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UNRULY KANWADIAS BRING BAD NAME TO HINDUISM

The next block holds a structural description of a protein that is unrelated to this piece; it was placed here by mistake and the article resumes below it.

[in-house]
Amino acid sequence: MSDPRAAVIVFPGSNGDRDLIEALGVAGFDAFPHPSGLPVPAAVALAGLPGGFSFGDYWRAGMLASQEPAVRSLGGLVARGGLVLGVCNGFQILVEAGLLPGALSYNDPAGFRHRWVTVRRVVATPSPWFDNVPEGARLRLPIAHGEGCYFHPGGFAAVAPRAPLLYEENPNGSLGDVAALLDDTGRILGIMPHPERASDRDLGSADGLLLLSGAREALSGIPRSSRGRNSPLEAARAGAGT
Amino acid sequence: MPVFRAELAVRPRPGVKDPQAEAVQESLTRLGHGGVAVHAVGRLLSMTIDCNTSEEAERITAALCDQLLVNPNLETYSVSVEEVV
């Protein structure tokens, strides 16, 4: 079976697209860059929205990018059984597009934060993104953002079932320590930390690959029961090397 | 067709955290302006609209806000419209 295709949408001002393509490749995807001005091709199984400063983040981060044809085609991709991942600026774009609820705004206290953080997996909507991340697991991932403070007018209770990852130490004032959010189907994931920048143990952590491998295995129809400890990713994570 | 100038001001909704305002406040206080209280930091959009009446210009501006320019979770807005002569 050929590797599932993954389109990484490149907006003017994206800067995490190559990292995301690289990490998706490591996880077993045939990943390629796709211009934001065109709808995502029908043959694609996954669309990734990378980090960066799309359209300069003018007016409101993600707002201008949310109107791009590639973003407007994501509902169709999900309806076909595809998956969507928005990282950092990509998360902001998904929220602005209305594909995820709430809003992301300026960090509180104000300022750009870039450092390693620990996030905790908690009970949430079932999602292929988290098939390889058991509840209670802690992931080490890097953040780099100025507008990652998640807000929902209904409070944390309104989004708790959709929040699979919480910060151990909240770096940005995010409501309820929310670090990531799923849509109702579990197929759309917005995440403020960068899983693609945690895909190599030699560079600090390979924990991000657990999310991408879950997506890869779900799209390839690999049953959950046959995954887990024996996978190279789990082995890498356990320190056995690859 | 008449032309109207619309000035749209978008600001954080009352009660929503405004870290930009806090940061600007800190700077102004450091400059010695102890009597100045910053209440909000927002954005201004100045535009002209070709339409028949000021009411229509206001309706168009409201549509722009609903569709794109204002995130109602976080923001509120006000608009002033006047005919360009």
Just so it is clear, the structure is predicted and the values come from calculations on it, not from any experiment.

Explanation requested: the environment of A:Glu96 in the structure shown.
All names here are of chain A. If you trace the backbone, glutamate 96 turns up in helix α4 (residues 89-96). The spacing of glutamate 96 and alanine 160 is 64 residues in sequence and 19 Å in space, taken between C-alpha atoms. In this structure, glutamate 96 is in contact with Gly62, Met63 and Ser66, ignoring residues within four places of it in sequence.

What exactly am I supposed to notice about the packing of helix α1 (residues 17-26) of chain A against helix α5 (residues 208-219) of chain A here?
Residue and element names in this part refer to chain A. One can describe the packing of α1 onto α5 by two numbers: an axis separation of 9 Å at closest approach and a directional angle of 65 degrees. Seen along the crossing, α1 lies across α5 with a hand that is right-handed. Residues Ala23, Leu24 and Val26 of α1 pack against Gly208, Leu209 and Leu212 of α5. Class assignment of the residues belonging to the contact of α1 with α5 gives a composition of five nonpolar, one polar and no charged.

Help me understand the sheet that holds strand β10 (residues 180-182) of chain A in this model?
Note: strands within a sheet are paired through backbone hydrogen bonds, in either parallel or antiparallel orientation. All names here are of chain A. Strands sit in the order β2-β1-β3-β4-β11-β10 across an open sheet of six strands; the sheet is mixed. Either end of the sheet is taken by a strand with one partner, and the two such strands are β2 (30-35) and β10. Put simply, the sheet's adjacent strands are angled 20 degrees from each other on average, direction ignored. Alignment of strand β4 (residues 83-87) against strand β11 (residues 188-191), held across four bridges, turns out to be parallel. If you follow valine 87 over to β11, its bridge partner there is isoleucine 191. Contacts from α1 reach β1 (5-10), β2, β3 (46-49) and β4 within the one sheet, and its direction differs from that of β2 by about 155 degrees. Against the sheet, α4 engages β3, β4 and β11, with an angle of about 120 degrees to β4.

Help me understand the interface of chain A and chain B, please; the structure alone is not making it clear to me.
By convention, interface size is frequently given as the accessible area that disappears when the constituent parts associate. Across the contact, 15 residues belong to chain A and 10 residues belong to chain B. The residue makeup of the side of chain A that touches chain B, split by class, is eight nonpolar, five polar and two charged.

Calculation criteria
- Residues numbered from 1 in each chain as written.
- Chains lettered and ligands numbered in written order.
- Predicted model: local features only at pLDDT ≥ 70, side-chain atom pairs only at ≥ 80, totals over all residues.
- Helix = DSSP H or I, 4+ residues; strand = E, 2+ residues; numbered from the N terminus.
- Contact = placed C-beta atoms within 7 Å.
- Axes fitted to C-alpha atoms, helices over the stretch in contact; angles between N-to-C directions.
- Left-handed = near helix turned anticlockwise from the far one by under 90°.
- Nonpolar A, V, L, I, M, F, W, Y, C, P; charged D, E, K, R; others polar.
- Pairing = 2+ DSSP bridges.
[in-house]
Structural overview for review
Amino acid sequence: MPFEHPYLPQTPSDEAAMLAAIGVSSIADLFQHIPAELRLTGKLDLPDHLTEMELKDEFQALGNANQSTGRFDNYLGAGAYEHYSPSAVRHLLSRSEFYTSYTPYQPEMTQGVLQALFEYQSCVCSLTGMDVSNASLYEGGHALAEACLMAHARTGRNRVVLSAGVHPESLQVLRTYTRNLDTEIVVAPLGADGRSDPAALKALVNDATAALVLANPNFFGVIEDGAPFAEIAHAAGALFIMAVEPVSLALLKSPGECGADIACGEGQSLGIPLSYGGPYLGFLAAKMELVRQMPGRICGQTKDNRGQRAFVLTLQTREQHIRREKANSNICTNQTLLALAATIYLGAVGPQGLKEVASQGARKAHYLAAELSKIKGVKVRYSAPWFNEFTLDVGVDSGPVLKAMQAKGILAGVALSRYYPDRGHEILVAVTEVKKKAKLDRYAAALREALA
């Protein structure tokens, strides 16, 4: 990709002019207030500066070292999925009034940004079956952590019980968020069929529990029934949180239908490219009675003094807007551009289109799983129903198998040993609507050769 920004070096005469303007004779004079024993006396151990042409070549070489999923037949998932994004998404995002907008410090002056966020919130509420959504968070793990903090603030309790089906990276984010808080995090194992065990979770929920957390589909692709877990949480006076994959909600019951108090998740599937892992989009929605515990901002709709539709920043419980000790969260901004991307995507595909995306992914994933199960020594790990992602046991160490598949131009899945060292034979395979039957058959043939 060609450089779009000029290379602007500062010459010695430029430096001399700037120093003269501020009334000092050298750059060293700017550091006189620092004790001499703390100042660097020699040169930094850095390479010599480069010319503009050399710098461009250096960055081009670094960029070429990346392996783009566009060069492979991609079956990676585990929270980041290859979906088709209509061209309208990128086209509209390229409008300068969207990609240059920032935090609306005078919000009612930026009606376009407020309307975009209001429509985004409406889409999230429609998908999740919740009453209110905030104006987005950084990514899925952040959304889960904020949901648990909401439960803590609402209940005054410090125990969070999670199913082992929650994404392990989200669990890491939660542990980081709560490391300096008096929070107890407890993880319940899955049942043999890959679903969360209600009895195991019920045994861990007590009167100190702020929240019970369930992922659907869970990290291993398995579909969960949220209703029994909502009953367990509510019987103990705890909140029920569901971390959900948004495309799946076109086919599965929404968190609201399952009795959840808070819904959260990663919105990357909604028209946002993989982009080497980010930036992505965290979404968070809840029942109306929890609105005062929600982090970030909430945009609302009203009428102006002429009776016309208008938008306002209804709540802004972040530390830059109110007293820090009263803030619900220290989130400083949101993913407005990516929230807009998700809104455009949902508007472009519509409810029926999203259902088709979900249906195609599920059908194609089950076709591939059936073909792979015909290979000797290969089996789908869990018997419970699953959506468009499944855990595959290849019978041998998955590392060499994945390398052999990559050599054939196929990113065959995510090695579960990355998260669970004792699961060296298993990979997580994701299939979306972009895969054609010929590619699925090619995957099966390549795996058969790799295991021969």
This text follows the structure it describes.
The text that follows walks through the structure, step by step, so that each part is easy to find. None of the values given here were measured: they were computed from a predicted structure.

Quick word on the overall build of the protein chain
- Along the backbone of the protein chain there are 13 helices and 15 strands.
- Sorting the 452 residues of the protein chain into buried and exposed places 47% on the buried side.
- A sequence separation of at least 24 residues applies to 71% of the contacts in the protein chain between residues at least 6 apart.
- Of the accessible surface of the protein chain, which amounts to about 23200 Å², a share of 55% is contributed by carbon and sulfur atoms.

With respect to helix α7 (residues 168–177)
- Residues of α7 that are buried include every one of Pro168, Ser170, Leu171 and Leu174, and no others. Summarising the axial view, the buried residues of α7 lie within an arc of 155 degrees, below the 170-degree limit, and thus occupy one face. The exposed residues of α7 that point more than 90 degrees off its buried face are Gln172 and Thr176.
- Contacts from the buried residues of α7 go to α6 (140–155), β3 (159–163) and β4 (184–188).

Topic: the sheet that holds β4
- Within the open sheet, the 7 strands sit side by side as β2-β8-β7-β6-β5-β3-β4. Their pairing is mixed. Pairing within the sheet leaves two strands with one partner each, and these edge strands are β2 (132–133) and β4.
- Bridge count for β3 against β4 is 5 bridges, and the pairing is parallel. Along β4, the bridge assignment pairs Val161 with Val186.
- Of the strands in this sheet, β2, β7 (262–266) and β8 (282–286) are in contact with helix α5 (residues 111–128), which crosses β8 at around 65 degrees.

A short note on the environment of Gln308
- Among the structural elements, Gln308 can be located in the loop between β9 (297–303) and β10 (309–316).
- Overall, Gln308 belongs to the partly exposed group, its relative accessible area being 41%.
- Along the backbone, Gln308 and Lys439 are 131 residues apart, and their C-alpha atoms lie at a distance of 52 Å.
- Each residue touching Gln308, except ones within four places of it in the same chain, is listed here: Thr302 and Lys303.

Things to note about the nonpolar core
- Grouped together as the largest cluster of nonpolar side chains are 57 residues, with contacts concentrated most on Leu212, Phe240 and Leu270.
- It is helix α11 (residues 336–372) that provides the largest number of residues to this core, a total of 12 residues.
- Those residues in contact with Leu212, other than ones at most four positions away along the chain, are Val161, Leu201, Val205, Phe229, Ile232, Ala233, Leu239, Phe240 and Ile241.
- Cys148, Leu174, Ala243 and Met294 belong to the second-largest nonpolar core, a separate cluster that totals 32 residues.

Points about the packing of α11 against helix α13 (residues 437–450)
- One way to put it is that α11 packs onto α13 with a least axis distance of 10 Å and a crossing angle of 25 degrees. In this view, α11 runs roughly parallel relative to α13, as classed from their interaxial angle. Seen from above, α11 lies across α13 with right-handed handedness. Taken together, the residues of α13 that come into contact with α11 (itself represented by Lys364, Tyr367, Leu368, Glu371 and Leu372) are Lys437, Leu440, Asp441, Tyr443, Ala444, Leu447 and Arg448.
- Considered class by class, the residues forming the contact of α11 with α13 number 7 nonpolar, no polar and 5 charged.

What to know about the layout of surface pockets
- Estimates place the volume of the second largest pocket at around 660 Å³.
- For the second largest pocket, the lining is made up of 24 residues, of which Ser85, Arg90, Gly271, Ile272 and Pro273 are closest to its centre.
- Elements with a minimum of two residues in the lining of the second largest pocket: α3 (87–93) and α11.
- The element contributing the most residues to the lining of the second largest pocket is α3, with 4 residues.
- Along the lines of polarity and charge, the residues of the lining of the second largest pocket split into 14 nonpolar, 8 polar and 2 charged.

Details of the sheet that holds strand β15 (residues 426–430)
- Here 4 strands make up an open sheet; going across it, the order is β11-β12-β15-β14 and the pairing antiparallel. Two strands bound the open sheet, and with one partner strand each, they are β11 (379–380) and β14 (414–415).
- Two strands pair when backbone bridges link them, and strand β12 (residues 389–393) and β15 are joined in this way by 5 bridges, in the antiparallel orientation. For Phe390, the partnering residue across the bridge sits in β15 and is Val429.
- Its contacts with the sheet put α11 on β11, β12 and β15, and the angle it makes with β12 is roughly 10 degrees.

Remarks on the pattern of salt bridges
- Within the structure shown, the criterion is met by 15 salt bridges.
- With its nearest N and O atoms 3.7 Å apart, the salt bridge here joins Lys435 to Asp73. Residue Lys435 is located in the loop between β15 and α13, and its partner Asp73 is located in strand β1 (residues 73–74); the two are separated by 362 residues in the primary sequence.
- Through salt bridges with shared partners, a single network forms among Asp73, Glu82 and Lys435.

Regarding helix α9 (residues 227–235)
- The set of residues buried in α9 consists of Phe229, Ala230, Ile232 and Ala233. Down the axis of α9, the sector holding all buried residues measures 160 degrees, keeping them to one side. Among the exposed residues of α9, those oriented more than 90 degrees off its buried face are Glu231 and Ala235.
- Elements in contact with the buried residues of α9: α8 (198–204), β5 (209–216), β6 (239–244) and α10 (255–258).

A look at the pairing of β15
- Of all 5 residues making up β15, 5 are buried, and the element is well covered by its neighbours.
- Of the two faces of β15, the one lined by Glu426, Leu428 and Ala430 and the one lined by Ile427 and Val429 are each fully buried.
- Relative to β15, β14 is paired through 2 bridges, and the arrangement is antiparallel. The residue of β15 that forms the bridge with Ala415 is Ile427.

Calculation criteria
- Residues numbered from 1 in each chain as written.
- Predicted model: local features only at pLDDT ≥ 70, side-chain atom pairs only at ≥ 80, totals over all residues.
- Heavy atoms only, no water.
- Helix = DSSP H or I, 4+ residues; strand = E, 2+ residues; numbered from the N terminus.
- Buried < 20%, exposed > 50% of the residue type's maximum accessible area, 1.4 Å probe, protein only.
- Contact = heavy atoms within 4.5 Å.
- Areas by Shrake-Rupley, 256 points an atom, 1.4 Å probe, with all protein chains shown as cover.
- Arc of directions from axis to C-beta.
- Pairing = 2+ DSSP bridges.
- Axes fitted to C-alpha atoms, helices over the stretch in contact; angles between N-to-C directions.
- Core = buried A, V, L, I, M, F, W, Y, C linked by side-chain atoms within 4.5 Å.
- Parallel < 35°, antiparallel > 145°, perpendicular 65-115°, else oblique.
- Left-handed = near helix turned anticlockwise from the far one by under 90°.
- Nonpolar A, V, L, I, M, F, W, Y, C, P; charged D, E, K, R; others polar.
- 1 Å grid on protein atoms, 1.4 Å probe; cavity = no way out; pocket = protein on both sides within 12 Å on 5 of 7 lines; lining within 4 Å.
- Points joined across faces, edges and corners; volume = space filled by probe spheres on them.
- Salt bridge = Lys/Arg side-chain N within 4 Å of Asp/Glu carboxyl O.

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Monday, 13 August 2018 | Ashish Joshi | Dehradun– The word “Kanwad” is derived from the Sanskrit word “kawadrathi”. Kanwad means a single pole on which pots are hanged. As per the ritual, the kanwadias collect holy water of River Ganga from places like Haridwar, Rishikesh, Sultanganj in pots and carry the covered pots on kanwad placed on their shoulders. During the entire journey from Haridwar, till they reach their homes, the Kanwadias are not allowed to put the pots on the ground. In fact, they take turns to hold the poles from each other while taking rest. This holy water is then poured on Shiva Linga in the Shiva temples located in their villages/towns. The devotees also visit Baba Baidyanath temple at Babadham, Jharkhand. The Kanwad Yatra takes place during the month of Shravan or Sawan. It is believed that during Shravan, Lord Shiva drank the poison after “churning of the ocean” and distributed the nectar or amrit of immortality to the devas or gods. It is said that after consuming the poison, Lord Shiva felt a burning sensation and his throat turned blue. All Devas then brought Ganga water and poured it over him to cool him down. This tradition has been followed ever since. The devotees or the kanwadias bring Gangajal and pour it on Lord Shiva’s Linga as mark of respect, thanksgiving and for blessings. In South India like Kanwadd Yatra, Kavadi is celebrated. During Kavadi, Lord Muruga is worshipped. It is performed during Thaipusam festival, on the full moon usually in the months of January or February. Like the Kanwad, the Kavadi is, usually, a wooden stick with two baskets hanged at each end. The Yatra used to be a small affair undertaken by a few saints and older devotees until the late 1980s when it started gaining popularity. While most pilgrims are men, a few women also participate in the Yatra. Most travel the distance on foot, a few also travel on bicycles, motorcycles, scooters, jeeps and mini trucks. Over the years in North India, the Kanwadias have displayed unruly behaviour. There have been many instances this year in Delhi,Gurugram,Muzaffanagar and Bulandshahar where the kanwadias turned violent, attacked locals as well as police and damaged properties. It is a matter of analysis to understand why persons immersed in devotion would indulge in unruly behaviour, play loud music, disrupt traffic and abuse fellow citizens on a holy yatra or pilgrimage. Hinduism believes in non-violence and peace. So why do some kanwadias behave in an unruly way, which is not in consonance with Hinduism? Is it because there has been rise of aggression in the society in general? Is it because there is no fear of law? Is it because of the misplaced need of Hindu assertion, as slogans like “hindu khatrey mein Hain” abound? Or is it because of the impact of rising communalism? The rise of religiousity has metamorphosed a deeply personal observance of faith into a noisy and offensive display of public nuisance. There was a time, when kanwads evoked awe among the people. They were respected for undertaking a long and arduous journey on foot, braving heat, humidity and rain. Consequently, camps were set up on the way where pilgrims could rest, have a meal at night before setting off at dawn next day. The physical endurance is what was believed to bestow piety upon them. While they walked in groups, they did so silently with a prayer on their lips. But in the last few decades, kanwads have broken all traditions converting their yatras into cacophonous events, travelling in trucks with loud music. Their behaviour on the roads is anything but devotional. They carry hockey sticks and baseball bats to intimidate and seriously injure other road users. In fact, the month of Shravan (July-August) is viewed with trepidation by most other travellers on north India’s roads. Should observance of religiosity be such a demonstrative public affair, especially if it inconveniences others? Religion is a private affair and should definitely not impinge on others’ beliefs. It has become imperative that situations like the problems faced by citizens from unruly kanwadias are addressed. It is important that the citizens living on the route of the yatra are provided protection. The issue has become so serious that Supreme Court has taken cognisance. After videos showcasing vehicles being vandalised by Kanwadias across Northern States this year went viral on social media, the Supreme Court on August 10 directed the police to take strict action against those responsible for violence and breaching laws. A three-judge bench of the Apex court, headed by Chief Justice of India (CJI) Dipak Misra, and comprising Justices AM Khanwilkar and DY Chandrachud, reiterated an earlier verdict, which stated that videography of every procession should be made. The top court, while citing the 2009 judgement, also said that the organisers were responsible for any violence reported during the procession. In order to control the altercations between kanwadias and locals during the yatra, the police need to develop new strategies to tackle the issue. The police must do more than holding routine inter-State co-ordination meetings. A system could be put in place whereby anyone wanting to participate in the yatra applies for passes from the local police. And passes are only issued after the person gives an undertaking of good behaviour. DJs and loud music in the trucks carrying kanwadias need to be banned in view of guidelines on noise pollution. Police would need to make arrangements to segregate the movement of Kanwadias and the public on the roads to minimise problems to both the general public and devotees. Urgent steps would need to be taken, well in advance, before the next Kanwad Yatra in 2019. (A civil servant, the writer is presently posted as Controller, Communications, Uttarakhand. He belongs to Jaiharikhal village in Pauri Garhwal. Views expressed are personal)